Cyber threat actors have gotten smarter--or lazier--depending on your perspective. It used to be fairly
common for attackers to spend days or even weeks probing targeted networks for vulnerabilities to
exploit. Once identified, they would break down traditional cybersecurity defenses around the network
perimeter and steal as much information as they could, or cause as much chaos as possible, before the
hole was patched and they were shut out.
Today, threat actors are much more subtle. Instead of trying to break down the castle walls, they simply
steal the keys and stroll through the front door. By tricking users into willfully giving up their credentials
through spear phishing, threat actors can simply remain undetected for days, weeks or even months until
the time is right to execute their mission-- to extricate data, hold systems hostage, spy on users or all of
Is this lazy or creative? Depends on who you ask, maybe it’s a generational thing.
The point is that 94% of malware attacks conducted through email, according to the Verizon 2019 DBIR.
Spinning up a seemingly legitimate email from a trusted individual or brand is fairly easy when anyone
can become a Photoshop wizard overnight. Email addresses and domain names can be masked, and it
is alarming how much personal information is publicly available on social media accounts. An enterprising
threat actor could easily find the name and email address of a manager or vendor and send an email with
a malicious attachment, such as a link to a compromised site or fake login page. By sending multiple
versions of the spoofed email with slight variations, threat actors can scale the attack, knowing that at
least one will eventually be clicked by the user.
This shift in strategy means that no matter how strong your cybersecurity defenses, your organization’s
cybersecurity posture is almost entirely reliant on users. Web filtering through traditional security solutions
need a reputational footprint of an attack based on third-party or internal threat intelligence. If an attack
is new or has been slightly modified, it can sneak through. In fact, many malware attacks have grown
sophisticated enough to identify whether they are in a sandbox and shut down until instructed to ramp up
again when executed on users’ devices. Users – whether apathetic, unsavvy or both – are then
responsible for determining what they can safely click on. As a result, phishing attacks are growing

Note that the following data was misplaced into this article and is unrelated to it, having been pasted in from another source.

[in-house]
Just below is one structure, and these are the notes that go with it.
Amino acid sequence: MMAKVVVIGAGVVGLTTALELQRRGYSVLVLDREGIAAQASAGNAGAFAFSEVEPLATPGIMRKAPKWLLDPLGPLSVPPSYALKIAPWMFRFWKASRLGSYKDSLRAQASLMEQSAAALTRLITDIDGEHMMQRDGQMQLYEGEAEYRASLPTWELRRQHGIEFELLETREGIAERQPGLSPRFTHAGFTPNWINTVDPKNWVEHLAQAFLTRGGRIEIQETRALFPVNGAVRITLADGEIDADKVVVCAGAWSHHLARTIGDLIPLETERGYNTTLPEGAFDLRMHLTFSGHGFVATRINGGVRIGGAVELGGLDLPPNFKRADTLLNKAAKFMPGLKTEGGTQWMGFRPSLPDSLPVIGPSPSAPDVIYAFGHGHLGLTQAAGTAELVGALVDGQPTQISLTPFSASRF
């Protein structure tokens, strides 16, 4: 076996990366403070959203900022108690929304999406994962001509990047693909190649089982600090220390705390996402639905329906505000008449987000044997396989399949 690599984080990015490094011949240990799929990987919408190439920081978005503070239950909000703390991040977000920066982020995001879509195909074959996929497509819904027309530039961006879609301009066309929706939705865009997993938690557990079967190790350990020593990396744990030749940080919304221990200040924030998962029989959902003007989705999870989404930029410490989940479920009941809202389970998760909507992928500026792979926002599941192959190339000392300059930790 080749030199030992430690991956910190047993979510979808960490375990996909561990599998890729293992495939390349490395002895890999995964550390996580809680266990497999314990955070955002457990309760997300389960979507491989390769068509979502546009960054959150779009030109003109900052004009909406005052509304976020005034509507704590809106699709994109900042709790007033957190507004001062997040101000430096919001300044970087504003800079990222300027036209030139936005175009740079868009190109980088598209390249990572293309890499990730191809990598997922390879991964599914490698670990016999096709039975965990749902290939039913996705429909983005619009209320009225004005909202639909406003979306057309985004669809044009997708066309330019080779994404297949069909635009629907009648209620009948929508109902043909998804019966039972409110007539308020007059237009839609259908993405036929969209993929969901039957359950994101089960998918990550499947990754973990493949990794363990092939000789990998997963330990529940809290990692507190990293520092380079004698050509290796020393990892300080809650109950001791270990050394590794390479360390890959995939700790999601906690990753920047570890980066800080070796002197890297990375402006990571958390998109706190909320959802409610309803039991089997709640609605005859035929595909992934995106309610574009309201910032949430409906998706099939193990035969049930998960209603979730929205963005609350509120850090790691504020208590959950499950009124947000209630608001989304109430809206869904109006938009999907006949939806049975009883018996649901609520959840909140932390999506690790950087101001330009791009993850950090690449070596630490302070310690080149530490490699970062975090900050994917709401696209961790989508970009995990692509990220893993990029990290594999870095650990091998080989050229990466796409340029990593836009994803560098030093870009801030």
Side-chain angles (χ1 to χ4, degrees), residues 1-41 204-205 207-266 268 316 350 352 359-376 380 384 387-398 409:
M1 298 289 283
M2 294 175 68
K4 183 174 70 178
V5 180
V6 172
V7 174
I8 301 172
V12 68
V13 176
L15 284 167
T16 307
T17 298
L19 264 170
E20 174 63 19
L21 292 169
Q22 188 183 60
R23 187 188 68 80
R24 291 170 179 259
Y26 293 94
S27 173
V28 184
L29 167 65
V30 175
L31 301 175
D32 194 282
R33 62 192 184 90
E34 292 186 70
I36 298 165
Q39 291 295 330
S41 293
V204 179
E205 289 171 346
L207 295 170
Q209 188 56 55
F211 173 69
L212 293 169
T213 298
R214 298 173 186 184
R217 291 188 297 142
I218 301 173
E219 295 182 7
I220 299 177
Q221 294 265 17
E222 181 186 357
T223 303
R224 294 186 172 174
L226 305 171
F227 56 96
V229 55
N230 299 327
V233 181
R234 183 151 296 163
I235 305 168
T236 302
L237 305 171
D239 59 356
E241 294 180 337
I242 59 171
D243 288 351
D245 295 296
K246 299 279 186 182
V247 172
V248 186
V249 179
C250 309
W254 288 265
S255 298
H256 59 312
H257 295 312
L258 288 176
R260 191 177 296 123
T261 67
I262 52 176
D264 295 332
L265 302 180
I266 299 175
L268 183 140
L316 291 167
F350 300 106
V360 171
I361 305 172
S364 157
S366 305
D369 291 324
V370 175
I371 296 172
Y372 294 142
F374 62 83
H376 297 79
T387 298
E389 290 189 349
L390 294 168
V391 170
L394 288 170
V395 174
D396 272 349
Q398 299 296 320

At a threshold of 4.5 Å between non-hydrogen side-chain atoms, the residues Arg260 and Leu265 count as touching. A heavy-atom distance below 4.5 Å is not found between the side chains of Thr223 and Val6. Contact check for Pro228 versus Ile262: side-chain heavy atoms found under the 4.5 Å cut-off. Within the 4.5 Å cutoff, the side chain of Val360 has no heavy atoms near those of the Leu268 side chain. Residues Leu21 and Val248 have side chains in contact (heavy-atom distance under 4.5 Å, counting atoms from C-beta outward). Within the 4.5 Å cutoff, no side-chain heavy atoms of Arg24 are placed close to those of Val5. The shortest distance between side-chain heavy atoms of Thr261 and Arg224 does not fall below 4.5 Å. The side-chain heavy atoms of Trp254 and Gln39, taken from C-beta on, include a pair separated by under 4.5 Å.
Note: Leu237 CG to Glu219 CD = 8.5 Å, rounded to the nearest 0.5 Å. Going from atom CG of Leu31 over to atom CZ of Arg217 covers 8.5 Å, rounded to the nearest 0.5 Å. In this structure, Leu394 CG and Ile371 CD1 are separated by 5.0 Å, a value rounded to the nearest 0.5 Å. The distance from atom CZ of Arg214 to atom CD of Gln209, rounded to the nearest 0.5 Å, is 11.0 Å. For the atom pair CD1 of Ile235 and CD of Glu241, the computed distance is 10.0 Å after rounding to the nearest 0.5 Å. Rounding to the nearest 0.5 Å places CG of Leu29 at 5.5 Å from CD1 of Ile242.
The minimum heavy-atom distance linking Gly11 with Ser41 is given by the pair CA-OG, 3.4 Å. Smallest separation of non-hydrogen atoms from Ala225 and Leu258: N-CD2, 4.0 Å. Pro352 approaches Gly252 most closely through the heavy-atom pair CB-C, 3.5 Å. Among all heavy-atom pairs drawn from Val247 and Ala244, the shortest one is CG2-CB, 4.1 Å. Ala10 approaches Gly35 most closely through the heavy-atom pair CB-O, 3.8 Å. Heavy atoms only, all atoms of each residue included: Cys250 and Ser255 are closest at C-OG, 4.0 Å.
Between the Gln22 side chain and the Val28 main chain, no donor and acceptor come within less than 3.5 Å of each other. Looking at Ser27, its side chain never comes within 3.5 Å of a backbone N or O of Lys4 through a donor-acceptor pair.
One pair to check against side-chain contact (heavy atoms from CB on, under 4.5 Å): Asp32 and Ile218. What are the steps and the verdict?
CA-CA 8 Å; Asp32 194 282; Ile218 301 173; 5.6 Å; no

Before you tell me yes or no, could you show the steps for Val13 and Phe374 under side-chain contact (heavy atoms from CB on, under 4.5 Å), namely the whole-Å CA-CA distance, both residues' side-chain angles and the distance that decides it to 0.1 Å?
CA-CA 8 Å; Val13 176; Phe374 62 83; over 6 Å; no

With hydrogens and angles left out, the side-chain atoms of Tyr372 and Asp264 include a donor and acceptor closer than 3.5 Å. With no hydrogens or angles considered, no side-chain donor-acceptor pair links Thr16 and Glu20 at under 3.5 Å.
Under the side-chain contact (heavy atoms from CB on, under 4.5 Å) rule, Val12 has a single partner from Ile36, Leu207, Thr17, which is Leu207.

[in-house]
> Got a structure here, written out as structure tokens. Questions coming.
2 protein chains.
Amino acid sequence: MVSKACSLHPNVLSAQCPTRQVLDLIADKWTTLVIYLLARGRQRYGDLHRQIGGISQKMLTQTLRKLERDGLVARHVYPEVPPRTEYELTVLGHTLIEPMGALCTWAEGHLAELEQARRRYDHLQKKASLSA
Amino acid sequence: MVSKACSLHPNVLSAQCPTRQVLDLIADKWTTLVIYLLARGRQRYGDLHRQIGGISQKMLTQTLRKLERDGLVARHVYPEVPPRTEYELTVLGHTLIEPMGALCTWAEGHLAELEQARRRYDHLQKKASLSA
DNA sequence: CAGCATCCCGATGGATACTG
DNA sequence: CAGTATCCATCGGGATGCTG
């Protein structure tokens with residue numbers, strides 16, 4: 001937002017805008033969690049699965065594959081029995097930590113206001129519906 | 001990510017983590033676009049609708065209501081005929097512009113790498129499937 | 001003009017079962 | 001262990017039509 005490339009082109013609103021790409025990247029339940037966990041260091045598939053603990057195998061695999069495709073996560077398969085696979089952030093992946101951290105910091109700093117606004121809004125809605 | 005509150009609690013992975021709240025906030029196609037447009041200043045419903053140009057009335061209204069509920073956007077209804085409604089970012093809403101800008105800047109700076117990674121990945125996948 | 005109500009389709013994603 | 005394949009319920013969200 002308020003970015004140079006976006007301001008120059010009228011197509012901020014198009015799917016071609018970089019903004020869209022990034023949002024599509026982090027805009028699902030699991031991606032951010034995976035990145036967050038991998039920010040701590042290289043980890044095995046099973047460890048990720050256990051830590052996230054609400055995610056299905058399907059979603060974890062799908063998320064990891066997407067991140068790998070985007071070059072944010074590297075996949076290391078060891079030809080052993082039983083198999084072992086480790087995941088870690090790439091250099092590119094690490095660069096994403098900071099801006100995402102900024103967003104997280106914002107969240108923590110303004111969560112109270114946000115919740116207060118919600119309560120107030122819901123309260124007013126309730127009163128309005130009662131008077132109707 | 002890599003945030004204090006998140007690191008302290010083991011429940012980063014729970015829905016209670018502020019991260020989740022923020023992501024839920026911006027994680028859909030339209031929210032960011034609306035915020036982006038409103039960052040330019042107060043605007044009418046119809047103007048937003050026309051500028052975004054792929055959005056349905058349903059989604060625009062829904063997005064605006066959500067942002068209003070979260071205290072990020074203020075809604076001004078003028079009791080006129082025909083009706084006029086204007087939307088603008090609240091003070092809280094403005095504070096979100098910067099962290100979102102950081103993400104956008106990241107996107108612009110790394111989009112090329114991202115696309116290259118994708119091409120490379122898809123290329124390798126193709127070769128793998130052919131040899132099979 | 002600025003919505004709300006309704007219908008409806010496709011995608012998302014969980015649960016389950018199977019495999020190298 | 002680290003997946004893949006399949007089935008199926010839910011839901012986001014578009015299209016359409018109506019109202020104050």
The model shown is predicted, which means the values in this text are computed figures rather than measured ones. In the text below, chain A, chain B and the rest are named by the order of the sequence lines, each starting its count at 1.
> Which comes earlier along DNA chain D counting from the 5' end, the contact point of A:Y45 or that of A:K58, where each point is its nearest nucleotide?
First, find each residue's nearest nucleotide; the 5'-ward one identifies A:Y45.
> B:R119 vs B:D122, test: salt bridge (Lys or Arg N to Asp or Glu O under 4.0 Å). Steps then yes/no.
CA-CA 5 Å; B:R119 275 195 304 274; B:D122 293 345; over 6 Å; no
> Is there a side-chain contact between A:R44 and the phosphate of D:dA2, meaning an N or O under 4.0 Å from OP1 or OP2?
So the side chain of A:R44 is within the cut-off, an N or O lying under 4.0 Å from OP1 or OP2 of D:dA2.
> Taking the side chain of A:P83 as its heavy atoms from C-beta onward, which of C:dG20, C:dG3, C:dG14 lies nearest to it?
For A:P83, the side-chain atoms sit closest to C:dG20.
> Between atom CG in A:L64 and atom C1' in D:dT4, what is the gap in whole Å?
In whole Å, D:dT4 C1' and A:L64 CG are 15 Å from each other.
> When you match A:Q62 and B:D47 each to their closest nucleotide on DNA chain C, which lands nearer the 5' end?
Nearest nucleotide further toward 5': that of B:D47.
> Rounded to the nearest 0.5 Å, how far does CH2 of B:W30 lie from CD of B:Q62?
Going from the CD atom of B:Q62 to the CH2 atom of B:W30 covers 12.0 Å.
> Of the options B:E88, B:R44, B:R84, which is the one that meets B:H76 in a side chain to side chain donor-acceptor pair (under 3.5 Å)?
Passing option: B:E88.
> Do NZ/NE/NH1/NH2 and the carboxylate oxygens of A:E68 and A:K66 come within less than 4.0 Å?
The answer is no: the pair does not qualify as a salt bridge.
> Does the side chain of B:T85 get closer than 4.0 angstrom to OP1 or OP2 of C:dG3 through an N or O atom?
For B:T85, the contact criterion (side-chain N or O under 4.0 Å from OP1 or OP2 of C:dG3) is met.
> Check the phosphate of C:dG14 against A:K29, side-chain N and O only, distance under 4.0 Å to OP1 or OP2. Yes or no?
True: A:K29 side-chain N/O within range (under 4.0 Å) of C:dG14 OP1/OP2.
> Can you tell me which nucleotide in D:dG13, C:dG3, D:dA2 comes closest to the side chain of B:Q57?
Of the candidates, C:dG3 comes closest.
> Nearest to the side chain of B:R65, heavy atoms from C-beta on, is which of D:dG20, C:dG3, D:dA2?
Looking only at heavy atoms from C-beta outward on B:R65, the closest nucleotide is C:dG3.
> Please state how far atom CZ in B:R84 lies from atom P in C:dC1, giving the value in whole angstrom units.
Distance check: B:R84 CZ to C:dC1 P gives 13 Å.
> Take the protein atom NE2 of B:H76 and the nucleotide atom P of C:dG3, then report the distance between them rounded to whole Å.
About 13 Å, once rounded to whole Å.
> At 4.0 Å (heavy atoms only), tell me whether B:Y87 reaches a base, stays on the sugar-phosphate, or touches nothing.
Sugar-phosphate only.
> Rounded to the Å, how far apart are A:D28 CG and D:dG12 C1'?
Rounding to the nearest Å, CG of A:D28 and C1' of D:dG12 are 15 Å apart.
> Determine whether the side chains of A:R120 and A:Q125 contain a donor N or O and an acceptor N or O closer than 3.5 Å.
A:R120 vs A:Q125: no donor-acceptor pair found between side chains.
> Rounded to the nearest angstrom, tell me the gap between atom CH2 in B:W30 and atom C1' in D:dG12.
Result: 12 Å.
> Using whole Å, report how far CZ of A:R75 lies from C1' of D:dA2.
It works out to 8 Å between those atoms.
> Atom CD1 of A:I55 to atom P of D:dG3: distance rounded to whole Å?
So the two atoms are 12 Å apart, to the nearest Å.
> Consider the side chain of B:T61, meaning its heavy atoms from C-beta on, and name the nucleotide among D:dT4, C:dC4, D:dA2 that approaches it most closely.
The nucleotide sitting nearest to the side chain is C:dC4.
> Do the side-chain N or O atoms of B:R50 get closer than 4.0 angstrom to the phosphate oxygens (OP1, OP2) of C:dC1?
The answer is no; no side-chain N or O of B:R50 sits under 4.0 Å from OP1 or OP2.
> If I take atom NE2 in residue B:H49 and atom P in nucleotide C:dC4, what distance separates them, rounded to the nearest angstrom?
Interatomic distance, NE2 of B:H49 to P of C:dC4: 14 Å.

increasingly more successful. Verizon’s research also shows that 30% of phishing messages are opened
by targeted users, so it is clear current defense mechanisms are not working.
What’s an enterprise to do? How can an enterprise build a robust cybersecurity strategy when attackers
continue to target the weakest link: the user? Traditional cybersecurity solutions and conventional threat
prevention products rely on detect and respond tactics and have failed to keep up with the evolving nature
of sophisticated phishing attacks. These solutions analyze web links in an email and make a ‘good vs.
bad’ determination. Unfortunately, this approach requires a reputational footprint to make a decision that
does not detect (and ultimately block) new or modified attacks.
Enterprises need to rethink how they can protect users from cybersecurity threats by implementing a
Zero Trust Internet policy. Instead of trying to determine what web content is bad, enterprises should just
assume that all content is risky and isolate everything to be safe. Making an isolate or block determination
is much safer than an allow or block approach, preventing even unknown attacks from executing malware
on end users’ devices or directing users to fake login pages where credentials can be stolen. All email
links and attachments can be opened in a safe isolation session in the cloud, protecting users from giving
away credentials or opening attachments in a sandbox or on the endpoint.
The result: 100 percent malware free email.
Depending on how you look at it, threat actors are either getting smarter or lazier and going after the
weakest link in the cybersecurity chain: the user. It’s time to take the responsibility out of their hands and
implement a Zero Trust Internet strategy to cybersecurity.
This article originally appears in Cyber Defense Magazine